Silicon carbide is a semiconductor material that holds special interest for its use in electronics meant to withstand harsh environments and demanding operating conditions. Its technological importance has been recognized over the course of a relatively long history of research and development, but only recently have growth and production capabilities allowed this material to become a viable platform for industrial electronics. This is especially true of the 4H polytype of silicon carbide, which occupies the sole focus of the work to be presented here. Use is made of high quality 4H SiC boule and epitaxial sample material to study the photoluminescence and wavelength modulated absorption (WMA) spectra at 2 K or lower in temperature. The main results have been obtained in the WMA measurements, which have been performed in this work at higher resolution than in previous studies. In the wavelength regions of interest here (∼3500–4000 Å), the dominant absorption and emission processes are characterized in terms of excitation or recombination of free excitons whose electron and hole occupy the valence and conduction band extrema.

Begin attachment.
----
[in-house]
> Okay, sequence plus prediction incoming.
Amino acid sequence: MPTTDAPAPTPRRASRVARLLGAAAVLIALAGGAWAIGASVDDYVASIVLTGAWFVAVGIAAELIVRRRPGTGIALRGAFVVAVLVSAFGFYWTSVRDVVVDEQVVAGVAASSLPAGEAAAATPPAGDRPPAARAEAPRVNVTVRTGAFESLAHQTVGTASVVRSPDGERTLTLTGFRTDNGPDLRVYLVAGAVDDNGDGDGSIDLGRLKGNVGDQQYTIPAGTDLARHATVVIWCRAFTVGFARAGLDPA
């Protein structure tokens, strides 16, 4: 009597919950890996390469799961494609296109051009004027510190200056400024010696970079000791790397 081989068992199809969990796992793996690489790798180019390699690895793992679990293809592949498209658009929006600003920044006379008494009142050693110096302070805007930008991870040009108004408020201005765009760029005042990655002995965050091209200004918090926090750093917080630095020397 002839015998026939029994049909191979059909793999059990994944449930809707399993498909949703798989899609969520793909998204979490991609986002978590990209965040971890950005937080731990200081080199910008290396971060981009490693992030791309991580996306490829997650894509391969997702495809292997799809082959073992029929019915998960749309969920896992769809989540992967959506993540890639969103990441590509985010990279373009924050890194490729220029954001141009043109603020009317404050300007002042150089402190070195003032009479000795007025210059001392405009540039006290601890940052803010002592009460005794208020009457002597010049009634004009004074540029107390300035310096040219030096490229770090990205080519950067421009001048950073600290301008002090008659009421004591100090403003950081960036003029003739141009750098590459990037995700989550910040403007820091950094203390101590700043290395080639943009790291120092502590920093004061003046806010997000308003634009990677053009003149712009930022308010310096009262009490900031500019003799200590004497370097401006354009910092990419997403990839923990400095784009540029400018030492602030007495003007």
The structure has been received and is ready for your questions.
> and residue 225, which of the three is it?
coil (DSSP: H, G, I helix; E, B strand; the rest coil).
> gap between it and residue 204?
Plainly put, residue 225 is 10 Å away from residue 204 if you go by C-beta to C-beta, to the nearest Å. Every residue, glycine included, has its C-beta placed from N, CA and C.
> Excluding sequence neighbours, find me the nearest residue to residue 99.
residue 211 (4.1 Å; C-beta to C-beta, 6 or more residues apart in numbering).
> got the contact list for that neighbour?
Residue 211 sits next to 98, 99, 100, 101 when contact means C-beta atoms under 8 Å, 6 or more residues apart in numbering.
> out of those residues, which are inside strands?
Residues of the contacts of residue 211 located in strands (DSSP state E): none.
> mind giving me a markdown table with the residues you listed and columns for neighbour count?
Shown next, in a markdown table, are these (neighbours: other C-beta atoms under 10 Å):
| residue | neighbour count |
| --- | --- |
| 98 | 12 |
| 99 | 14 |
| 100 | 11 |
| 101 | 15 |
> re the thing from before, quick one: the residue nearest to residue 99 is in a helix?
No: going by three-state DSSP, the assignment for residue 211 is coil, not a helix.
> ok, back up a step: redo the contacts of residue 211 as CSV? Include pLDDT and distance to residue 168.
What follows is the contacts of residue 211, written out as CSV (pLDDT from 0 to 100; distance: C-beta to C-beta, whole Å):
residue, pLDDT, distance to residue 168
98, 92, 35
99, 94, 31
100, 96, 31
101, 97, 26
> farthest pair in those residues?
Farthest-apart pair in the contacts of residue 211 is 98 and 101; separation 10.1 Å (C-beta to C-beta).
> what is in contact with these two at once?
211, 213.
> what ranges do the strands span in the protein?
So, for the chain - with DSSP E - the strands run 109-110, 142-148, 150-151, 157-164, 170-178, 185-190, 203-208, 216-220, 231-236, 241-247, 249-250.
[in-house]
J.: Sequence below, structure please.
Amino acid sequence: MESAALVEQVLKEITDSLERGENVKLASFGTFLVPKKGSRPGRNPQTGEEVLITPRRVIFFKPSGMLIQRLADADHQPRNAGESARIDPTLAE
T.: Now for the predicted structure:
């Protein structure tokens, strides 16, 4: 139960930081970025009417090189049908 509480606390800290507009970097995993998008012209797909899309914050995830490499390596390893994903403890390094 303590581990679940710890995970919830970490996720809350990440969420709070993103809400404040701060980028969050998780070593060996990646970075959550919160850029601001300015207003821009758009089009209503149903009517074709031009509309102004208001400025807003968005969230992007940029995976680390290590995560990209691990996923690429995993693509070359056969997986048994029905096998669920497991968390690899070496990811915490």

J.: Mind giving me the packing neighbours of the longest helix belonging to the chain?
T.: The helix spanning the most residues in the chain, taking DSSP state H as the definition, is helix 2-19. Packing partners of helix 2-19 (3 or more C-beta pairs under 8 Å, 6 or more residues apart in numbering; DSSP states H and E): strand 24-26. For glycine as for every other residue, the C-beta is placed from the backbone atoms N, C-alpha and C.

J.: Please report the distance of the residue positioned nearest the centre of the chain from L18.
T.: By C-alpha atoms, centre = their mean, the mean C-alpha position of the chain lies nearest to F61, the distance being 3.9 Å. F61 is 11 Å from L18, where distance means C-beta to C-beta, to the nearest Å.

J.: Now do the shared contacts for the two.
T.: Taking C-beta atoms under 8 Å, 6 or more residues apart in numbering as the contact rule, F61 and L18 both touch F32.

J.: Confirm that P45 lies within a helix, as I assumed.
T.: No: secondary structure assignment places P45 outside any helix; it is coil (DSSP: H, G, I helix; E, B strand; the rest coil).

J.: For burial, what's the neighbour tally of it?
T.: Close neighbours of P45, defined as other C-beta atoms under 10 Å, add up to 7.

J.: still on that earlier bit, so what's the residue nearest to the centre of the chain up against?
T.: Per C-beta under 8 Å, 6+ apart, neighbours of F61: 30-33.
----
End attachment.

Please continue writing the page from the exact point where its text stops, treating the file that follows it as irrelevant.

Four known features of the WMA spectrum have been found to reproducibly exhibit 0.7±0.1 meV splittings that have not been resolved previously. These have been observed for samples taken from two independently grown 4 cm diameter boules, and have the spectral profile characteristic of free exciton absorption. The multiplicity of these splittings and their behavior under polarized illumination of the sample are consistent with a splitting of the free exciton ground state, and this will be shown to be connected to the fundamental properties of the electronic band structure. Several other features which clearly do not have the shape expected for free exciton absorption will be shown to originate from an avoided crossing between the topmost valence bands. A preliminary examination of the WMA spectrum in the range ∼3500–3660 Å (∼3.4–3.6 eV) will also be given which shows evidence of free exciton absorption processes offset to higher photon energies, with this offset being due either to the hole occupying a lower-lying valence band (separated from the topmost by the crystal field splitting) or the electron occupying the second lowest conduction band minimum. These features are significantly broader and weaker than those appearing at the lower energy portion of the absorption spectrum, and are attributed to enhanced lifetime broadening for these excited states of the exciton.
Co-Advisors: Wolfgang J. Choyke and Robert P. Devaty